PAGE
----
A downtown library building facing uncertainity

Photo courtesy of the Public Library of Cincinnati and Hamilton County | The board of trustees for the Public Library of Cincinnati and Hamilton County has decided to sell the North Building of the downtown public library. This incredibly controversial decision came just weeks after the library in question was named the second busiest library in the United States.

Despite being the second busiest library in the United States, the Cincinnati Public Library is planning to sell its downtown North Building in order for it to be repurposed. The services provided in the North Building, including the Children’s Learning Center, Homework Center, Maker Space, Teenspot, study areas and administrative offices are set to be consolidated into the South Building.

After the board of trustees for the Public Library of Cincinnati and Hamilton County decided to pull public services funding from the North Building in June, the August board meeting was met with protesters who opposed what they saw as public land being taken into the hands of private investors.

“Let’s think of the people who really need those services,” sophomore Maddy Baker said. “If you’re an upper class citizen, you don’t need to go to the library to get a book… Let’s think about the population that needs it, and then let’s think about the population that is moving in and pushing (the local residents) out. It’s just another sign of upper class elitists pushing out that population. It’s a power play, essentially”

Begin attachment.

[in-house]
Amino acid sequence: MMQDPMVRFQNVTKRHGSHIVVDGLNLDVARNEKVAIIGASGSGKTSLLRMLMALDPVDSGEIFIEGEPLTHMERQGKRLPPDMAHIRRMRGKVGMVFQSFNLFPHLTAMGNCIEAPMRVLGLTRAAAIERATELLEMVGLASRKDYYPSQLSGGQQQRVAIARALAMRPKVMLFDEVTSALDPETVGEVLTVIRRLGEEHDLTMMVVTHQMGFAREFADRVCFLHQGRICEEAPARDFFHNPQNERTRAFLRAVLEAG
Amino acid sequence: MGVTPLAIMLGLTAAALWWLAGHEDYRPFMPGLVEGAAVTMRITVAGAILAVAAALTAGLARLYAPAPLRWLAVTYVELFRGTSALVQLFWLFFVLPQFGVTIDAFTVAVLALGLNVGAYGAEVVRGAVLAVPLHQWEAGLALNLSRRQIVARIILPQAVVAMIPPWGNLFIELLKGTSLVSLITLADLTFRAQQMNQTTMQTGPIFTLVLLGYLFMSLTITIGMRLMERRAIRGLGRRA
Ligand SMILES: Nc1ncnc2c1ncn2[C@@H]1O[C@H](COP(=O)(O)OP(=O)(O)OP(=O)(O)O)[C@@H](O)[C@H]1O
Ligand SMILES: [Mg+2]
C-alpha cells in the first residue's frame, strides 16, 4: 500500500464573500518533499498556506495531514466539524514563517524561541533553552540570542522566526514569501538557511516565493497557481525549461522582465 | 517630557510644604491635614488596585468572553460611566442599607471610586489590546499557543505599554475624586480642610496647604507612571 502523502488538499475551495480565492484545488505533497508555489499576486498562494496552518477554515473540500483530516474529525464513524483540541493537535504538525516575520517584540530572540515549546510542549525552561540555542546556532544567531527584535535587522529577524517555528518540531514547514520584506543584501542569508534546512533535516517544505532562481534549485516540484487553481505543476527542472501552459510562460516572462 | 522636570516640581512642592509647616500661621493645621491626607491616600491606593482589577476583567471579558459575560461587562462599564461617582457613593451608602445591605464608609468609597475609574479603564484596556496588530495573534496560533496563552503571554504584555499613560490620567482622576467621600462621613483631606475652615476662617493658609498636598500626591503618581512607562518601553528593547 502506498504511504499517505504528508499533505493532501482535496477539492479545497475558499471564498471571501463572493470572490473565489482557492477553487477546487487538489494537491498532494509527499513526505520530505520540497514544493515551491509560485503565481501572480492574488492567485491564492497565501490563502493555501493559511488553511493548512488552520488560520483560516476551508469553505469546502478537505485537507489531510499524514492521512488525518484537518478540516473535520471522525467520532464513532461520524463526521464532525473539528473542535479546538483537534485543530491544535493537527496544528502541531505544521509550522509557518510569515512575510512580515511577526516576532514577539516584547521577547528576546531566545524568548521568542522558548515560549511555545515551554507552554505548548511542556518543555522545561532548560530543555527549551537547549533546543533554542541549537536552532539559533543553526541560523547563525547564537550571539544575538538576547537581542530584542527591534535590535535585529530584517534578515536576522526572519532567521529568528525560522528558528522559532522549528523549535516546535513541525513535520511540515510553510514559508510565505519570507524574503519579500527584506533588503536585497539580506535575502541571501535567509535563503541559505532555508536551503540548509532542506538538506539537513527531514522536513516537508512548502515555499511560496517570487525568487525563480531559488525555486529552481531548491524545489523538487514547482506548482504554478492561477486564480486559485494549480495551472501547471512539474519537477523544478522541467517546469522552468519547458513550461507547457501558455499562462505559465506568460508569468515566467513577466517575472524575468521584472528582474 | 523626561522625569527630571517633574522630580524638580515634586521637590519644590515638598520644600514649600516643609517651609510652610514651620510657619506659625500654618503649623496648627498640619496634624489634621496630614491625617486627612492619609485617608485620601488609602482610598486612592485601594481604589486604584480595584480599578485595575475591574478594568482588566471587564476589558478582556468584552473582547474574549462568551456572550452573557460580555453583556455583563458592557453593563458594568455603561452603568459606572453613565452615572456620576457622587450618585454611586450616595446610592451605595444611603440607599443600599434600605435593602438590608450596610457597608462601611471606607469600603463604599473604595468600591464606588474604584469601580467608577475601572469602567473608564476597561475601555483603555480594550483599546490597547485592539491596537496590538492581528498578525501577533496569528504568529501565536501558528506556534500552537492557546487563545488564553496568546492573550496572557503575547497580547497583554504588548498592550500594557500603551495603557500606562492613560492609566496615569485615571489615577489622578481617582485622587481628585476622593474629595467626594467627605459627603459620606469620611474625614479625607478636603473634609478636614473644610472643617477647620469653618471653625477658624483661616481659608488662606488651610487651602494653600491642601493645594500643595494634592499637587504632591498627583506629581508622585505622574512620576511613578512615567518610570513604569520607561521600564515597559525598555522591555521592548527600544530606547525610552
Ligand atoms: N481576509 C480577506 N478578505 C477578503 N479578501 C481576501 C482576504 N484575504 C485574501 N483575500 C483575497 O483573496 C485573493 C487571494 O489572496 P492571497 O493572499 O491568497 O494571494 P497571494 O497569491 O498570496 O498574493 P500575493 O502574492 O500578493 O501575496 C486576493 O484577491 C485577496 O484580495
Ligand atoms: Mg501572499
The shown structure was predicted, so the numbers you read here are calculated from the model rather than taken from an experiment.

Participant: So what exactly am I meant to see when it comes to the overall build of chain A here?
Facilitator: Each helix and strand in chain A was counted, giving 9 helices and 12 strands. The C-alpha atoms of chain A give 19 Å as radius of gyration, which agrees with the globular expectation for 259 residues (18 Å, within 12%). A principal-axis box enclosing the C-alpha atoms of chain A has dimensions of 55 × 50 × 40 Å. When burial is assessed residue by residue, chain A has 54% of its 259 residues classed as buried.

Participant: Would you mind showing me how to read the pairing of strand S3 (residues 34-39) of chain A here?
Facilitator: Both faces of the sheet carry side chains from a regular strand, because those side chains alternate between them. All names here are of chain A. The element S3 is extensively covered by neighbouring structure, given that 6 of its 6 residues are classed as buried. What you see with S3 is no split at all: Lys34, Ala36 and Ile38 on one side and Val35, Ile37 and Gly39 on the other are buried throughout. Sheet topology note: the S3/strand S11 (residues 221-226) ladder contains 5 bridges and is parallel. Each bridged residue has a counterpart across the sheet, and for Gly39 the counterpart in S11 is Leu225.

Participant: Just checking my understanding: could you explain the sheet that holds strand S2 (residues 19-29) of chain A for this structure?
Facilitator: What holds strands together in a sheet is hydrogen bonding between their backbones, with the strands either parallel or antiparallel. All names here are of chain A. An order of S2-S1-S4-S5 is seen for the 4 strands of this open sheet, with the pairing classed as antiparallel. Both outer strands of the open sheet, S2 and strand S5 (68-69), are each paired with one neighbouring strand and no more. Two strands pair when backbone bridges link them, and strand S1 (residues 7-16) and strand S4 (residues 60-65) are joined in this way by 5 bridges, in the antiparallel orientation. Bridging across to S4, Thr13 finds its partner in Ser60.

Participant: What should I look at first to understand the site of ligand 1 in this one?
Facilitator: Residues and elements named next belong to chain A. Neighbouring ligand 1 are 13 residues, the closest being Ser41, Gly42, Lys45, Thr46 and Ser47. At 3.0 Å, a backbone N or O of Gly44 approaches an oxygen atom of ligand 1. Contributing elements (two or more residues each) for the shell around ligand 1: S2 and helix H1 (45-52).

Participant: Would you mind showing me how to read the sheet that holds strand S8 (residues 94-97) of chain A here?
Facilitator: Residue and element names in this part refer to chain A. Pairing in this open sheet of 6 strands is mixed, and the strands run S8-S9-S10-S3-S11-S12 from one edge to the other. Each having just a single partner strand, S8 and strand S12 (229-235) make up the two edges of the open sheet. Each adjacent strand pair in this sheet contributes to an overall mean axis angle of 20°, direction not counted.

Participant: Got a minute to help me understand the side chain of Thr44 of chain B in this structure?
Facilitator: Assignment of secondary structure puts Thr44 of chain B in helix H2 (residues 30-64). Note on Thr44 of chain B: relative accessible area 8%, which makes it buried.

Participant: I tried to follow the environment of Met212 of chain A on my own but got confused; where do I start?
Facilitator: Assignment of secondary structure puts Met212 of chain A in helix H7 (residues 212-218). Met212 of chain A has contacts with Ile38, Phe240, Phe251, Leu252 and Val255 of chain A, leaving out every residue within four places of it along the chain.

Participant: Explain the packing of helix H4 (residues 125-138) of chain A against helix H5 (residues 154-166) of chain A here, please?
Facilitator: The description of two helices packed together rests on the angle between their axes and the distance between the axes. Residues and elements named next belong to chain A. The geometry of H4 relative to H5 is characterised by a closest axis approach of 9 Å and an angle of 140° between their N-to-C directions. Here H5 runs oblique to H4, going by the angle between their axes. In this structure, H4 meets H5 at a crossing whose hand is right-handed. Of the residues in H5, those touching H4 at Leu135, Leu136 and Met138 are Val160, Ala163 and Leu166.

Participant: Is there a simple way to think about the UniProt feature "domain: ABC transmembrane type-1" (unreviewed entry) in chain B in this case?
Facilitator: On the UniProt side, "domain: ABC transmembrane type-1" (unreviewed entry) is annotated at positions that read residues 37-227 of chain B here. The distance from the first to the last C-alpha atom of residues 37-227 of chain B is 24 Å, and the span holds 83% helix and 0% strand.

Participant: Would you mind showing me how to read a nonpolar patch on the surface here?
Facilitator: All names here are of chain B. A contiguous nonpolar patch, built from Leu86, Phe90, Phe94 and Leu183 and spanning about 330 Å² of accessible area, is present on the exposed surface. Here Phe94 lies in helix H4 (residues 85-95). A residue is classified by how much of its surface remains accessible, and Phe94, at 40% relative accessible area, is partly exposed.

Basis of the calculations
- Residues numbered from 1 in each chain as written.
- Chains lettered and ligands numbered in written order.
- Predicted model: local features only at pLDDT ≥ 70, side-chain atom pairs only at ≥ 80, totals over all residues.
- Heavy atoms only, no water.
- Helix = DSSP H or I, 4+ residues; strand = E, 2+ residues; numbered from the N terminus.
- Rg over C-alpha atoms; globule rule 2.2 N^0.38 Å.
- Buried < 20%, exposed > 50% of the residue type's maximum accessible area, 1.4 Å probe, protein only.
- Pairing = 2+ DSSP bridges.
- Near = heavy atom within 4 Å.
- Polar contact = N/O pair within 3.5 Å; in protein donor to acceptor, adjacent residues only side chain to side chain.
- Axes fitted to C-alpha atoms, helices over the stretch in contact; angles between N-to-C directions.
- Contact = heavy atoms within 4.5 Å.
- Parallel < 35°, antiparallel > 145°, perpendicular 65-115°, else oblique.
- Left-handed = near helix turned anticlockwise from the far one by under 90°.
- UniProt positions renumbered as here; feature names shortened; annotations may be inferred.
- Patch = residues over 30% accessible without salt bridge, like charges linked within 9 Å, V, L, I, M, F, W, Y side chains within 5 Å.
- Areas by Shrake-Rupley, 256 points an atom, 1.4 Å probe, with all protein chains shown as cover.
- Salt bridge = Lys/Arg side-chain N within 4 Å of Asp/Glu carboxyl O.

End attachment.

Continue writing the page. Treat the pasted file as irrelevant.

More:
The Cincinnati Enquirer published a piece last week detailing the visions the seven public library board members have for the fate of the building. Several of the board members expressed a desire to make a decision that will better the surrounding community. The president, Allen Zaring, expressed a desire to redevelop the North Building “into offices, residential and/ or retail space.” The vice president, Barbara Trauth, would like to use the building “in the most efficient way.”

“Having worked in libraries, I think sometimes there are challenging decisions to make,” Alison Morgan, a Xavier librarian, said. “The board has to make decisions that support the library financially that help the library be successful (while) at the same time, contributing to the community. I can imagine that it wasn’t an easy decision for the board to make.”

The North Building of the library was built in 1997 and cost taxpayers an estimated $39.1 million by the time of its completion. CBRE, a commercial real estate firm, valued the current price of the building at only $8.48 million in July, according to the Enquirer.

It has not been confirmed when the final say will be made on what to do with the North Building. The contract for the Cincinnati Central City Development Corp. (3CDC) expires this December.

By: Savin Matozzi ~Copy Editor~